Surfing is a lifelong pursuit for those who are true to the path. It’s not something you do until you grow up and then ditch it to follow more “worthwhile” pursuits. The journey of surfing pushes forward till the aging body can no longer withstand it or when we finally die. So the constant images of groms in fluorescent boardies, however appealing to kids wanting to spend mom’s money, doesn’t truly speak to everyone. Nor does it represent surfing in its totality. 

The surf industry’s primary focus ever since I began surfing has always been the youth market and it hasn’t changed much. Now as we push further into the future of surfing as a collective entity and culture, the industry may have a realization…the youth centered marketing scheme is a bit short sighted.

Yes it’s true; each new generation builds upon the last by taking what their predecessors did before them and bringing the whole thing to the next level. This applies to just about anything in life and it certainly applies to the world of surfing. That’s why when it comes to performance, surfing keeps growing beyond our wildest dreams. There’s no doubt that the younger generation continues to push the limits of where surfing has been and where it can go.

Keith Noonan

At the same time, on the performance level, professional surfers aren’t peaking in their early twenties like most athletes. Kelly Slater is a testament to the fact that the game has changed. With 11 world titles already under his belt, Slater is showing no indications of stopping. Men that are near 40 years old are completely killing it on the level of any new blood in his late teens. That’s almost unheard of in any other athletic arena.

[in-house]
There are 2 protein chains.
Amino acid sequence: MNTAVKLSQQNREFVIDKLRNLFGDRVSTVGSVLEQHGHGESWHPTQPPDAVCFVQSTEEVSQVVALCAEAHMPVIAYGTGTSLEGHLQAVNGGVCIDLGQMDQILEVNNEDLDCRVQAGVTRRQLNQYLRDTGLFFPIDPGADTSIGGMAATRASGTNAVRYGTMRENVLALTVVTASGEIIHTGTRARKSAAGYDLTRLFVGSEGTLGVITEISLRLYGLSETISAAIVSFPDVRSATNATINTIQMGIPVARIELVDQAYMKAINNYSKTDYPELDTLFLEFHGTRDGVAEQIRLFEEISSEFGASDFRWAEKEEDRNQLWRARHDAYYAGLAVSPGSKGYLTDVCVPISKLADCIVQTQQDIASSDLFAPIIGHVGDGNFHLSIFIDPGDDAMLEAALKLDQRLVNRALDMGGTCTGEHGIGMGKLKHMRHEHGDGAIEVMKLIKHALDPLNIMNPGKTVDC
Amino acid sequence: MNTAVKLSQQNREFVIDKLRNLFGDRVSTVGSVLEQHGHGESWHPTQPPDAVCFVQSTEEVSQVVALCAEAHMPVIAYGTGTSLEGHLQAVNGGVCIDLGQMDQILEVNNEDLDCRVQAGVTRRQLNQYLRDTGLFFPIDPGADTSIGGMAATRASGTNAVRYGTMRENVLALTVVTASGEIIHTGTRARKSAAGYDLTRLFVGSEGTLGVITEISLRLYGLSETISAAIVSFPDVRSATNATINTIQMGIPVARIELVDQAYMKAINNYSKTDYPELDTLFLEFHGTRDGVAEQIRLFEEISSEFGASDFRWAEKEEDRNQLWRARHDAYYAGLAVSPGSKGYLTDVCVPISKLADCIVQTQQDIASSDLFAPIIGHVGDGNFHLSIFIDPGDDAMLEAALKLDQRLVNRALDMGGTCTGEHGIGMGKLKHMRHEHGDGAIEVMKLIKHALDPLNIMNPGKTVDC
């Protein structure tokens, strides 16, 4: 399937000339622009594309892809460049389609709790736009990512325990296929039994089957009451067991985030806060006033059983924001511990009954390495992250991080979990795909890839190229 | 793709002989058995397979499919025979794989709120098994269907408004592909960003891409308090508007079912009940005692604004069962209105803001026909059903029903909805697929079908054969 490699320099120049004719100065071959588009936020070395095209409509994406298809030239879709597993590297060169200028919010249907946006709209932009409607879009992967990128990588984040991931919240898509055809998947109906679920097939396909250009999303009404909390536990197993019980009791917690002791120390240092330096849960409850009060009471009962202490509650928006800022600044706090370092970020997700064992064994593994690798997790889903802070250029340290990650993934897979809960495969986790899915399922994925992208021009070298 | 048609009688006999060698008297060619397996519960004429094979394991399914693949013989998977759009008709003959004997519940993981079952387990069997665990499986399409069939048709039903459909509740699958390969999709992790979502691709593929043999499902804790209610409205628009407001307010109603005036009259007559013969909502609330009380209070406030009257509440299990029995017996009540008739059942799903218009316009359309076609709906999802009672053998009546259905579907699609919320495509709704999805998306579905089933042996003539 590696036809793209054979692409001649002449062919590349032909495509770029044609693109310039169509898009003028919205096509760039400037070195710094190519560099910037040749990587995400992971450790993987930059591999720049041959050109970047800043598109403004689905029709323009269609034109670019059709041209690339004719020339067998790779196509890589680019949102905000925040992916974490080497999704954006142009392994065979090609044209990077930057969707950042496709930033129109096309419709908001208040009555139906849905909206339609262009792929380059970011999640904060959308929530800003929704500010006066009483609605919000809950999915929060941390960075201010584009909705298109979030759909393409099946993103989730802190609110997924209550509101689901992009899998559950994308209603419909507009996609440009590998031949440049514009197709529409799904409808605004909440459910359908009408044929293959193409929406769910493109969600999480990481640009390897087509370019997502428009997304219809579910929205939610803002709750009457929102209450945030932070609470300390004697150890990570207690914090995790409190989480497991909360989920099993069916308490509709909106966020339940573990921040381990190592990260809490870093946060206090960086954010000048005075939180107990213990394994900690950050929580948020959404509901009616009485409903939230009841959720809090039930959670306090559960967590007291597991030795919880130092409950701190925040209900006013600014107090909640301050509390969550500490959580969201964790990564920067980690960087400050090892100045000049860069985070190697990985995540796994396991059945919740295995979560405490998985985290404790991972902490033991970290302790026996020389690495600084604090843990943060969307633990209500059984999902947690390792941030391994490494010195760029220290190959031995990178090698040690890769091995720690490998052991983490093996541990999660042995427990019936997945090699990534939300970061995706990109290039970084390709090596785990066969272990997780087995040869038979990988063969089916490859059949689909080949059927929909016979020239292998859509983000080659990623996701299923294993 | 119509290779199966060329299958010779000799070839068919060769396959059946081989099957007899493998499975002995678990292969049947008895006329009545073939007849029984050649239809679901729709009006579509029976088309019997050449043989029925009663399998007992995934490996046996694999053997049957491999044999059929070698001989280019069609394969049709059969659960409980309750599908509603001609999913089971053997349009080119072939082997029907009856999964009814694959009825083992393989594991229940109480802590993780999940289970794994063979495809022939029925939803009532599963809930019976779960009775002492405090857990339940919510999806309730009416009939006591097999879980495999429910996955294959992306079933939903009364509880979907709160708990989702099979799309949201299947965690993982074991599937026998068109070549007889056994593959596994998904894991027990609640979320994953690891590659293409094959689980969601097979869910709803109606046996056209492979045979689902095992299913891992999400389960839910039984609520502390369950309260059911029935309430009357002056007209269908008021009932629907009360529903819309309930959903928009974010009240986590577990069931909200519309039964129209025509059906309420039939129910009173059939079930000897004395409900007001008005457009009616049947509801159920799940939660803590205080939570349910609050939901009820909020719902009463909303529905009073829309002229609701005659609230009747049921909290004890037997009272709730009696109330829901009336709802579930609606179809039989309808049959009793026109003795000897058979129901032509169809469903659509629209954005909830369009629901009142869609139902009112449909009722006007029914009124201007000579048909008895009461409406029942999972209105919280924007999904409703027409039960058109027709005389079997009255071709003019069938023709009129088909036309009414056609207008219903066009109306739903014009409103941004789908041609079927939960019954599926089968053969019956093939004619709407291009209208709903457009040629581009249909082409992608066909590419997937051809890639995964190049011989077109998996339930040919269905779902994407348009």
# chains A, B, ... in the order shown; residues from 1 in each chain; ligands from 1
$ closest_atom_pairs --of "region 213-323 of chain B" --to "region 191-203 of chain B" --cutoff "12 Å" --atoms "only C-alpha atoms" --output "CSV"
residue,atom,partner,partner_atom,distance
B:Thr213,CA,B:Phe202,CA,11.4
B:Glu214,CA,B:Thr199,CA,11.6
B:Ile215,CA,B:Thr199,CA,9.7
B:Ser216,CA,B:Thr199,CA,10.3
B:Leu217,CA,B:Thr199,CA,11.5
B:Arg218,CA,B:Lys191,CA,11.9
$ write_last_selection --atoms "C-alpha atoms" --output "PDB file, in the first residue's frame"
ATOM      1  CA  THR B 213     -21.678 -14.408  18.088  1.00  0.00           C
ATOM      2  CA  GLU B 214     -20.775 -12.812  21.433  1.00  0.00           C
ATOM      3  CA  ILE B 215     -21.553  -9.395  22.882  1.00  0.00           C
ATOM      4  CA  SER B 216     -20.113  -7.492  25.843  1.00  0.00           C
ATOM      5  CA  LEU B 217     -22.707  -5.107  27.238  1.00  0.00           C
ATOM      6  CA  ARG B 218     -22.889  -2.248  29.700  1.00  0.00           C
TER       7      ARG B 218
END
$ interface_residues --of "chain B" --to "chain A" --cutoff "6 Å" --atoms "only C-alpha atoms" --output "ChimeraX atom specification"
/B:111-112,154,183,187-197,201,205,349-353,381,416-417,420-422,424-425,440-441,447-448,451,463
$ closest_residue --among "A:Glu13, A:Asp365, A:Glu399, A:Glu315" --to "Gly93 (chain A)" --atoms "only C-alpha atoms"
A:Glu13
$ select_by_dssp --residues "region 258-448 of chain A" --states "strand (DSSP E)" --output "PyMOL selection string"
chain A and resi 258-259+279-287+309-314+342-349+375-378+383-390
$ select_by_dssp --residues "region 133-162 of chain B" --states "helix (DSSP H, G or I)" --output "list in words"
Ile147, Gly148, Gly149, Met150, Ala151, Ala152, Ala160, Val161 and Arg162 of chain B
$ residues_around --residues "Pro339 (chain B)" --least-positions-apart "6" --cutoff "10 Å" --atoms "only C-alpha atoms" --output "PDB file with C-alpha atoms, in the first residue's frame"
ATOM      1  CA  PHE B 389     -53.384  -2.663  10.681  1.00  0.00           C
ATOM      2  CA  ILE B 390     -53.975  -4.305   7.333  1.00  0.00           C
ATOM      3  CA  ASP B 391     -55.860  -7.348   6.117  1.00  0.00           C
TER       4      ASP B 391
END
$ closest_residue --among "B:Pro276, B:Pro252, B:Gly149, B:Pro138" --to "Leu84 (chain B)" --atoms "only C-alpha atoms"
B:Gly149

You may be asking yourself, what do the prior paragraphs have to do with Keith Noonan? Well, locally he is one of the best surfers Monmouth County has to offer. He is also in that 40-year-old age range and he’s still passionate about surfing. He’s at a point in life where many guys are sitting on the couch on Sunday, drinking beers, and watching the “game” – probably gaining weight and bullshitting about the glory days. Instead of wasting away, Keith is surfing as good as just about anyone around, with a combination of style, powerful turns, and poise.

I recently caught up with Keith to pick his brain about surfing.

ZAPPO: Where did you grow up and what are some of your earliest childhood memories?

NOONAN: I grew up in Monmouth Beach and spent most of my time surfing North End and West End Long Branch. I just remember the characters and the surf scene – it felt like the movie “Big Wednesday.”

ZAPPO:  When did you start surfing? How did you get into surfing? Do you remember the feeling you had when you rode a wave for the first time?

NOONAN: My family was always down the beach, so I loved playing in the ocean from a very young age. It was so exhilarating to ride waves, whether I was body boarding, body surfing, or surfing. I was probably five years old when I caught my first wave on a 6’5″ single fin. I caught the white water and stood for about 2 seconds. I was happy, but I knew I wanted more.

ZAPPO: When did you get your first surfboard? Tell us about that board.

NOONAN: I was about twelve years old when I got a XXX shaped by local Jimmy Smith. It was a 5’9″ roundtail thruster. I had borrowed boards up until that point, so I was stoked to have my own custom surfboard.

ZAPPO: What was your local surf scene like growing up? Who were the guys that you looked up to when you were coming up?

NOONAN: The surf scene was huge and amazing when I was a kid. Local amateur contests had lots of competitors. People hanging at the white wall at North End. Girls, parties, bon-fires, it was awesome! That was a big reason why I surfed back then.

Dave and Doug Hopper were the best surfers at North End and I probably looked up to them most.

ZAPPO:  Long Branch has a reputation of having a very harshly localized surf culture. Do you feel that helps or hurts the surf scene?

NOONAN: We have a lot of talented surfers in this area, they surf together and support each other. Other surfers are expected to get in line and respect the locals. If they don’t they’ll just be told to surf elsewhere. It keeps the line up safe and orderly. It can be bad too, I don’t advocate a guy getting beat up because he dropped in on someone.